A Cut Above

The Best Steakhouses In Rio

Brazil is a meat-eater’s paradise, and there is no shortage of delicious churrascarias to experience in Rio. Malta Beef Club (84 Rua Saturino de Brito; +55-21-3269-4504) is one of Aquim's go-to's. Grab a table outdoors on the intimate terrace, or sit on the second floor, where floor to ceiling windows offer views of the Jardim Botânico neighborhood. No matter your seat, you can count on never-ending plates of melt in your mouth filet mignon, dry aged in house. There's also the 55-year-old mainstay Majórica (11/15 Rua Senador Vergueiro; +55-21-2205-6820) in Flamengo, famous for their picanha. A popular staple of Brazilian barbeque, tender sirloin cap is crusted with coarse salt, skewered, and roasted over an open flame.

Art & Architecture

Get In Touch With Your Creative Side

Rio is a city of visual pleasures representing a myriad of artistic schools and styles. One such example, between the neighborhoods of Lapa and Santa Teresa, is Escadaria Selarón (Rua Joaquim Silva; +55-21-96437-2680), a staircase covered in thousands of pieces of colorful mosaic tile. The artist behind the project, Jorge Selarón, was born in Chile and moved to Rio in the 1980s, where he discovered the steep steps near his house. What began as a hobby in 1990 turned into a labor of love that took twenty years to complete, and in 2005, the steps were granted landmark status.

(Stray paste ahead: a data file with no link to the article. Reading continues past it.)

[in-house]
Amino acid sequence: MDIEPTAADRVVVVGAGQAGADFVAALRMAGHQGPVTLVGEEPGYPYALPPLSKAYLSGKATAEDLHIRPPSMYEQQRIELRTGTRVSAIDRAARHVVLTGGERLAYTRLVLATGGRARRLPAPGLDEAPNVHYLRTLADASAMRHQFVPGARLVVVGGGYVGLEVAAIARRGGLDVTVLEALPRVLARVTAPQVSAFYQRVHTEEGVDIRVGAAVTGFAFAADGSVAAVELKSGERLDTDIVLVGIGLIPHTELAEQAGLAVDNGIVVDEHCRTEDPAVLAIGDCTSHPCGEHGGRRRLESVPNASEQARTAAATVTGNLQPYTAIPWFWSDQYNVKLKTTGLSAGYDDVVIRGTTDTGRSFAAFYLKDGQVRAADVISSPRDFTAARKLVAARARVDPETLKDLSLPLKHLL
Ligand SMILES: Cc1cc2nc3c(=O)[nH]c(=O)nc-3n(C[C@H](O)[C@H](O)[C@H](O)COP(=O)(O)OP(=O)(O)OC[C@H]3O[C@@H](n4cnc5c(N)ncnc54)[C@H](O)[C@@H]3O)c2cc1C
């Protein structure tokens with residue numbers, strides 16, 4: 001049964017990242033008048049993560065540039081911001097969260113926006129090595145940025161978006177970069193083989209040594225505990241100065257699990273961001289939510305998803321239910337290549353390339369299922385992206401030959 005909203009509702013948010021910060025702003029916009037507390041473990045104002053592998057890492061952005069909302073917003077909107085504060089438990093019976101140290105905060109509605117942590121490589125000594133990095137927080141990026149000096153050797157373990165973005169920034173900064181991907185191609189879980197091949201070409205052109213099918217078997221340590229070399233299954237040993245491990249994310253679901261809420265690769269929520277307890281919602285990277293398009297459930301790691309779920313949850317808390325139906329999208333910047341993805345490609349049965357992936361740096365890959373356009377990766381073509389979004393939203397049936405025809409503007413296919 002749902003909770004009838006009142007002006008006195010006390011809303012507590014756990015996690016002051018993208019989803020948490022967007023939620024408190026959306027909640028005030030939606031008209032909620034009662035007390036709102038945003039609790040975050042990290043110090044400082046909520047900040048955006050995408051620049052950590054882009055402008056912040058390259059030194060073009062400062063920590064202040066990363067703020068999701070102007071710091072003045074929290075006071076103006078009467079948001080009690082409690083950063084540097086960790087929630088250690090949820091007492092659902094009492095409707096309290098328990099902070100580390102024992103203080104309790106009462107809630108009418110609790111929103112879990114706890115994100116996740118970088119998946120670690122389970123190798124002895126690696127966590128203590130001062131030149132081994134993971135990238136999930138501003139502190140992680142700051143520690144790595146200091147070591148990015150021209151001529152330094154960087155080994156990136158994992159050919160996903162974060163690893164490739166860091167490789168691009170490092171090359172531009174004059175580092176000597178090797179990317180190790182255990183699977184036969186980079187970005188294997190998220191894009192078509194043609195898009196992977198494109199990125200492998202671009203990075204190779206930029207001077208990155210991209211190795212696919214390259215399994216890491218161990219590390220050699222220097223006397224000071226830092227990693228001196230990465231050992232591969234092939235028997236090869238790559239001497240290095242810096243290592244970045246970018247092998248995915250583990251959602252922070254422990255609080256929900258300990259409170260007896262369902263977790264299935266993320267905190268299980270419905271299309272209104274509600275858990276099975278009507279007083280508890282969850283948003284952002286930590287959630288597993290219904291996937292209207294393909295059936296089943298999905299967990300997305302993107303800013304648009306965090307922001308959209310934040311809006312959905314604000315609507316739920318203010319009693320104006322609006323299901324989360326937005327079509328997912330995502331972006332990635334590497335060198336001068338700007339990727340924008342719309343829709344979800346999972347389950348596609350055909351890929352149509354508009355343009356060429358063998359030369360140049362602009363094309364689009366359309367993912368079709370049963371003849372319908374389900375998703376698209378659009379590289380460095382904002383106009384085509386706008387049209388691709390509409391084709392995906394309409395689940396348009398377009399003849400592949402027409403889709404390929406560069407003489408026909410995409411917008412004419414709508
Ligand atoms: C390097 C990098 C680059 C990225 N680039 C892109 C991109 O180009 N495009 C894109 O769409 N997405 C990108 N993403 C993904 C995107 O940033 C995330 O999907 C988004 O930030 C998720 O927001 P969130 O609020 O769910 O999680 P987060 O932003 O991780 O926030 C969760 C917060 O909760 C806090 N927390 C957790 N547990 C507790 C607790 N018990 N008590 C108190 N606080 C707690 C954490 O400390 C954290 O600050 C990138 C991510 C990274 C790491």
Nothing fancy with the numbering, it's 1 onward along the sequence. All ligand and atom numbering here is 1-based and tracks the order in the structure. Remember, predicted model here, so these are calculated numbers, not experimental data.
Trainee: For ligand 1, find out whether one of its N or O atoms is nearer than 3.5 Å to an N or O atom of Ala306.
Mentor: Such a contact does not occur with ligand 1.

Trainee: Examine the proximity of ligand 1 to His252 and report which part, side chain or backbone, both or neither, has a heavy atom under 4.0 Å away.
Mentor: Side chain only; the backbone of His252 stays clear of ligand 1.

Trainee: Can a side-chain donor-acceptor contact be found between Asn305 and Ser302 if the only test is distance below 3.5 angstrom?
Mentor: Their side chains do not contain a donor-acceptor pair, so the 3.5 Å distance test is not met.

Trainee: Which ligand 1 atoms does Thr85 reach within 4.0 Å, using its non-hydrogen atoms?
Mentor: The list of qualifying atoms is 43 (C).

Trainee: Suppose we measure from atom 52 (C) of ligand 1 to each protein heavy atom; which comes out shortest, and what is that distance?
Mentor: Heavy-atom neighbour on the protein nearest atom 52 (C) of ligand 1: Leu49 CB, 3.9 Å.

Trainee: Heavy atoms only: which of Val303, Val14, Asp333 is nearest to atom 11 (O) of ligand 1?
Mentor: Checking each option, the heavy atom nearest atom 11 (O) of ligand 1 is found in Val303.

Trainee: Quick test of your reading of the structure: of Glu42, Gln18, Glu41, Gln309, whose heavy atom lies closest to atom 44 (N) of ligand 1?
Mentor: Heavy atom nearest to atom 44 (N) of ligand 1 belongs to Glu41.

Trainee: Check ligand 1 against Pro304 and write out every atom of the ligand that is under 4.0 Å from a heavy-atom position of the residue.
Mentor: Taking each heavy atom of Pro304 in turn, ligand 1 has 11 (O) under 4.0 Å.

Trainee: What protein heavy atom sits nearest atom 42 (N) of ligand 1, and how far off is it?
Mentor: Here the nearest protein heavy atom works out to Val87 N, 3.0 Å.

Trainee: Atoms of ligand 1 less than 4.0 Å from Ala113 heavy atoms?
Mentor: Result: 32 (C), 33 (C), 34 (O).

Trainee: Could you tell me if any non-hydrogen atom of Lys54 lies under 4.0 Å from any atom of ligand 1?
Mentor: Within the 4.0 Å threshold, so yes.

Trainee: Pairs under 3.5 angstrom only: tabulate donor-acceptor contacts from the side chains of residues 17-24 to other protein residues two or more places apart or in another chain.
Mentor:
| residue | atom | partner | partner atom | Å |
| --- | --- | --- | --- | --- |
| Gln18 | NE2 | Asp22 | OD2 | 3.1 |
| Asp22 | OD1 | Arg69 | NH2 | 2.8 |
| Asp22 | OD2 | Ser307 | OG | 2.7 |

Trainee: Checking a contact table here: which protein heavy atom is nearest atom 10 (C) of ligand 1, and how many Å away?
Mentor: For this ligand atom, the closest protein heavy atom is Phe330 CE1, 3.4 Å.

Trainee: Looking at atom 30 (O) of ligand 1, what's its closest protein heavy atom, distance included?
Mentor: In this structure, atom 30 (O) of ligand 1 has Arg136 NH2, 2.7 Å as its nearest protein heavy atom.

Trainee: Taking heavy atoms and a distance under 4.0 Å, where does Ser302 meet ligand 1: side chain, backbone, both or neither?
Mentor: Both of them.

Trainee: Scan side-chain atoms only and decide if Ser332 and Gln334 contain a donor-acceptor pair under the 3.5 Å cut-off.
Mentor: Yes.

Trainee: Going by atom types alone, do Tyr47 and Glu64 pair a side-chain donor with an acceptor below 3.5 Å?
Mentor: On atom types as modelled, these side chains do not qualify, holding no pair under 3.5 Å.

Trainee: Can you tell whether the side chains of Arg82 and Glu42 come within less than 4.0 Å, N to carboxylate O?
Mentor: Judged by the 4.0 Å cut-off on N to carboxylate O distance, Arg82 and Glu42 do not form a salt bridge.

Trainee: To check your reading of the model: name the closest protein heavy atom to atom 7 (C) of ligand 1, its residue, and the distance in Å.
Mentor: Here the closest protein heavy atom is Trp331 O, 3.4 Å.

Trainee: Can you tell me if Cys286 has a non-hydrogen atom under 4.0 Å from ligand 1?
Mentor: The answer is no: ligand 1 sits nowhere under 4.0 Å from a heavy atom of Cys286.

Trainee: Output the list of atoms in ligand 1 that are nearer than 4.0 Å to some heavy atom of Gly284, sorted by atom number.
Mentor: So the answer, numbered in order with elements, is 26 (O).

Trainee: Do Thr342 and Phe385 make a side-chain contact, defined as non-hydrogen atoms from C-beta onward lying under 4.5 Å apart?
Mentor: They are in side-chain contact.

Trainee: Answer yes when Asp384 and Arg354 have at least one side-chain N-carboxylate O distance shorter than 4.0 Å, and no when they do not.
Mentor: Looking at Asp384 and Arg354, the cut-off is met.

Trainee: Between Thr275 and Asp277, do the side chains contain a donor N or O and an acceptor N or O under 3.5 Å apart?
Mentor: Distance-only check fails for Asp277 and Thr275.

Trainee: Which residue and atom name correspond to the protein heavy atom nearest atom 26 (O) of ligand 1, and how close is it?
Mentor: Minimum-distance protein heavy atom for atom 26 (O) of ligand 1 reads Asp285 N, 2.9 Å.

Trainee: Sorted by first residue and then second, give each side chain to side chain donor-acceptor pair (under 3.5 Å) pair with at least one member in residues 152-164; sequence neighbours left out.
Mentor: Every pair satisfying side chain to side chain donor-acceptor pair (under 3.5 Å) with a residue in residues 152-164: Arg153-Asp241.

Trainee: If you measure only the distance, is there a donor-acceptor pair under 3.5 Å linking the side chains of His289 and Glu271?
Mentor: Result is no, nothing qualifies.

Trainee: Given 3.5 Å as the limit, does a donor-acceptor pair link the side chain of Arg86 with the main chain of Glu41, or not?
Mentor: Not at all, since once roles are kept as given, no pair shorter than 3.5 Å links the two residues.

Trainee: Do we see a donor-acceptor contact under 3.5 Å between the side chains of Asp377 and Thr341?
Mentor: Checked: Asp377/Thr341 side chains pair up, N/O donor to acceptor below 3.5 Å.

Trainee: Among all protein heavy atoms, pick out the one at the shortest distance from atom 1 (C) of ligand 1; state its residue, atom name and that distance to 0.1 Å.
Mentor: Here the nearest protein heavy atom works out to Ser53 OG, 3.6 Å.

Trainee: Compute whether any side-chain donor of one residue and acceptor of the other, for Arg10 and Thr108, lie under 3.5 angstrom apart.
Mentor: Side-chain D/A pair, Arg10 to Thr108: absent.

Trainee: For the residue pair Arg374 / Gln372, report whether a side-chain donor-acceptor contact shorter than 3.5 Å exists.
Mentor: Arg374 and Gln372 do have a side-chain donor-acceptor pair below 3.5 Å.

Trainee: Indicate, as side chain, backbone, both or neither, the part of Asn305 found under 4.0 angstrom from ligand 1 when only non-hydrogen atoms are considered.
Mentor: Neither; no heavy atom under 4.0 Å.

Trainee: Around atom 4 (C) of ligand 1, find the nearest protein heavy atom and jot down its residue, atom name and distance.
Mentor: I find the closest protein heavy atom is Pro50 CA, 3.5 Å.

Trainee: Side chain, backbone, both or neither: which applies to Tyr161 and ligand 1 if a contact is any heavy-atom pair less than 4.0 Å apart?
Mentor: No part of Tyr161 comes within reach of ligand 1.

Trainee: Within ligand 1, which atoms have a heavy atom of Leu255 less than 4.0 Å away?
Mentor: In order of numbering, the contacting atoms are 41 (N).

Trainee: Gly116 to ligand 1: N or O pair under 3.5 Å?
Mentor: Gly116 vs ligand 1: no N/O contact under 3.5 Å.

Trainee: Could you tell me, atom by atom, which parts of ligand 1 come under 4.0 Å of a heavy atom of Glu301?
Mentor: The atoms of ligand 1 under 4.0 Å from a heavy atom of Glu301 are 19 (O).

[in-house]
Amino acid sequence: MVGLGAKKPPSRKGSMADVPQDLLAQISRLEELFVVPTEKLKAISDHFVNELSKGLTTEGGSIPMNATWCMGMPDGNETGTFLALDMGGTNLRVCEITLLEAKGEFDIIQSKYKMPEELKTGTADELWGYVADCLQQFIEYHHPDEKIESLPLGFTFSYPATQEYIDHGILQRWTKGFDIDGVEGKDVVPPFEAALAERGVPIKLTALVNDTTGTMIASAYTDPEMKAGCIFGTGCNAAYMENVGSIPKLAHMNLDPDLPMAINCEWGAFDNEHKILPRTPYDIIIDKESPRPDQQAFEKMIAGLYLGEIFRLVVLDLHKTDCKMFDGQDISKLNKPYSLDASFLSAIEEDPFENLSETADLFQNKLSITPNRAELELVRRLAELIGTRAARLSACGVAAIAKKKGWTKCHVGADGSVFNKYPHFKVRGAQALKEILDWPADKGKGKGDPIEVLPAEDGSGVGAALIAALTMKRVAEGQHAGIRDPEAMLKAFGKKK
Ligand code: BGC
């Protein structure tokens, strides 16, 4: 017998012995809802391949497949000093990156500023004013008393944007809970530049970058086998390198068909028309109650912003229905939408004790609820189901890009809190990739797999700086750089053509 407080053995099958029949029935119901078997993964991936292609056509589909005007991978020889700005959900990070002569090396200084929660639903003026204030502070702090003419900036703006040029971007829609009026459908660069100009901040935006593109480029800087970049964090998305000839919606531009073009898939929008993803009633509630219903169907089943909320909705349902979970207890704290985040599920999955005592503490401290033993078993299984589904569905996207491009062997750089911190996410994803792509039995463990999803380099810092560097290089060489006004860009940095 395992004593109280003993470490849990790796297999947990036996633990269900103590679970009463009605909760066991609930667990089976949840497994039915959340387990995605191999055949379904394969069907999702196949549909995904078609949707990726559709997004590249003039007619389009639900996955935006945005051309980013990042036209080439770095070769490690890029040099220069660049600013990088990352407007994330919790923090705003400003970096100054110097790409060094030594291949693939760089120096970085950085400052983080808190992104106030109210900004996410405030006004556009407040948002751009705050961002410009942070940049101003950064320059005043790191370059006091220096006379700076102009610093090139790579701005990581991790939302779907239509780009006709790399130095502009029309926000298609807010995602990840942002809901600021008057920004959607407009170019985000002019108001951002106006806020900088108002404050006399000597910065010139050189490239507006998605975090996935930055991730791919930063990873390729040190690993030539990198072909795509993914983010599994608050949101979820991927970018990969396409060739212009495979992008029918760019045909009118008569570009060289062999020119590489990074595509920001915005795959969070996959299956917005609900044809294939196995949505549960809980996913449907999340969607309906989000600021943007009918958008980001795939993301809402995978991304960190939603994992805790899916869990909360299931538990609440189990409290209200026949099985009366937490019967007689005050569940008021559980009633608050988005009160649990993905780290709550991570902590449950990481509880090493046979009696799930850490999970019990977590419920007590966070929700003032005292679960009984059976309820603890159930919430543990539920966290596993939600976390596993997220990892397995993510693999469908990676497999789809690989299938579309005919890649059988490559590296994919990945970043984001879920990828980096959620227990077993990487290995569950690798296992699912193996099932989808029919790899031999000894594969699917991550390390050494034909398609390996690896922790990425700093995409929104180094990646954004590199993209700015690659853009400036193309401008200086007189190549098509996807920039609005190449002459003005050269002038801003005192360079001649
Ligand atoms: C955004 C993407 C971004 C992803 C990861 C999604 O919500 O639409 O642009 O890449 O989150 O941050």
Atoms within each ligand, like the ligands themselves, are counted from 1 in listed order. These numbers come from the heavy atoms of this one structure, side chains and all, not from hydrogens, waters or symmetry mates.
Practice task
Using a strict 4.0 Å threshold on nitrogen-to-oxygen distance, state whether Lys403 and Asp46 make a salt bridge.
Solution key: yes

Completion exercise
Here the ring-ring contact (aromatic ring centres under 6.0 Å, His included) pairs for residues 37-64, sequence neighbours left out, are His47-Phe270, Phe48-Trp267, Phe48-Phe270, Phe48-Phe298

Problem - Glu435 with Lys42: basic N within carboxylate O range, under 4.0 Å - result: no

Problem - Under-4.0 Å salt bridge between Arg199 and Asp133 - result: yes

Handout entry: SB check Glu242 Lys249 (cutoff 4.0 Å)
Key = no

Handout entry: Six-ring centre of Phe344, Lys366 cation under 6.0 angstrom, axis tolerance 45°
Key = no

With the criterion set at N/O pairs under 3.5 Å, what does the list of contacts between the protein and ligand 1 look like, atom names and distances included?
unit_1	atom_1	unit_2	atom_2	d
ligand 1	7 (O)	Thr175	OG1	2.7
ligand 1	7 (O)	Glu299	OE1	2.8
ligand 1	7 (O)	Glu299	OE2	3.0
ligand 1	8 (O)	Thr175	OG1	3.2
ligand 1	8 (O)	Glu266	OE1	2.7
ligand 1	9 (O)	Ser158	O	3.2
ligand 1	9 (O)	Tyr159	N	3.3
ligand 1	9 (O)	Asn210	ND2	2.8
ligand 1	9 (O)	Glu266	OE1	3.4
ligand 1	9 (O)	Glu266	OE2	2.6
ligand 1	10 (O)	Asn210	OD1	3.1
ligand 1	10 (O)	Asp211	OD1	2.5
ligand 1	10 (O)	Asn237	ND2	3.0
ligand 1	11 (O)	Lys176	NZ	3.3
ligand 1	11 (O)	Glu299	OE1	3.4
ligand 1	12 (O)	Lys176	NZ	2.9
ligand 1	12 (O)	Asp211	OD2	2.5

Another work of public art was awarded a Guinness World Record for the largest spray-painted mural in the world. Created by Sao Paulo native, Eduardo Kobra, it stretches along the Orla Conde boardwalk, a pathway that cuts through the port. Entitled Las Etnias (Boulevard do Porto), the mural stands a colossal 50 feet tall, and 560 feet in length. For artistry of the architectural sort, cross Guanabara Bay and head to the flying saucer-like Niterói Contemporary Art Museum (Mirante da Boa Viagem; +55-21-2620-2400) designed by Oscar Neimeyer. Make your way down the snaking red walkway and through the entrance to take in the museum's permanent collection, most of which comes from the private holdings of João Sattamini, a Brazilian collector who discovered his passion for art during years spent in Europe working as international director of the Brazilian Coffee Institute. Today Sattamini has amassed one of the largest contemporary art collections in the world. As impressive as the art on display is the sweeping view across the bay from the museum's wrap-around windows.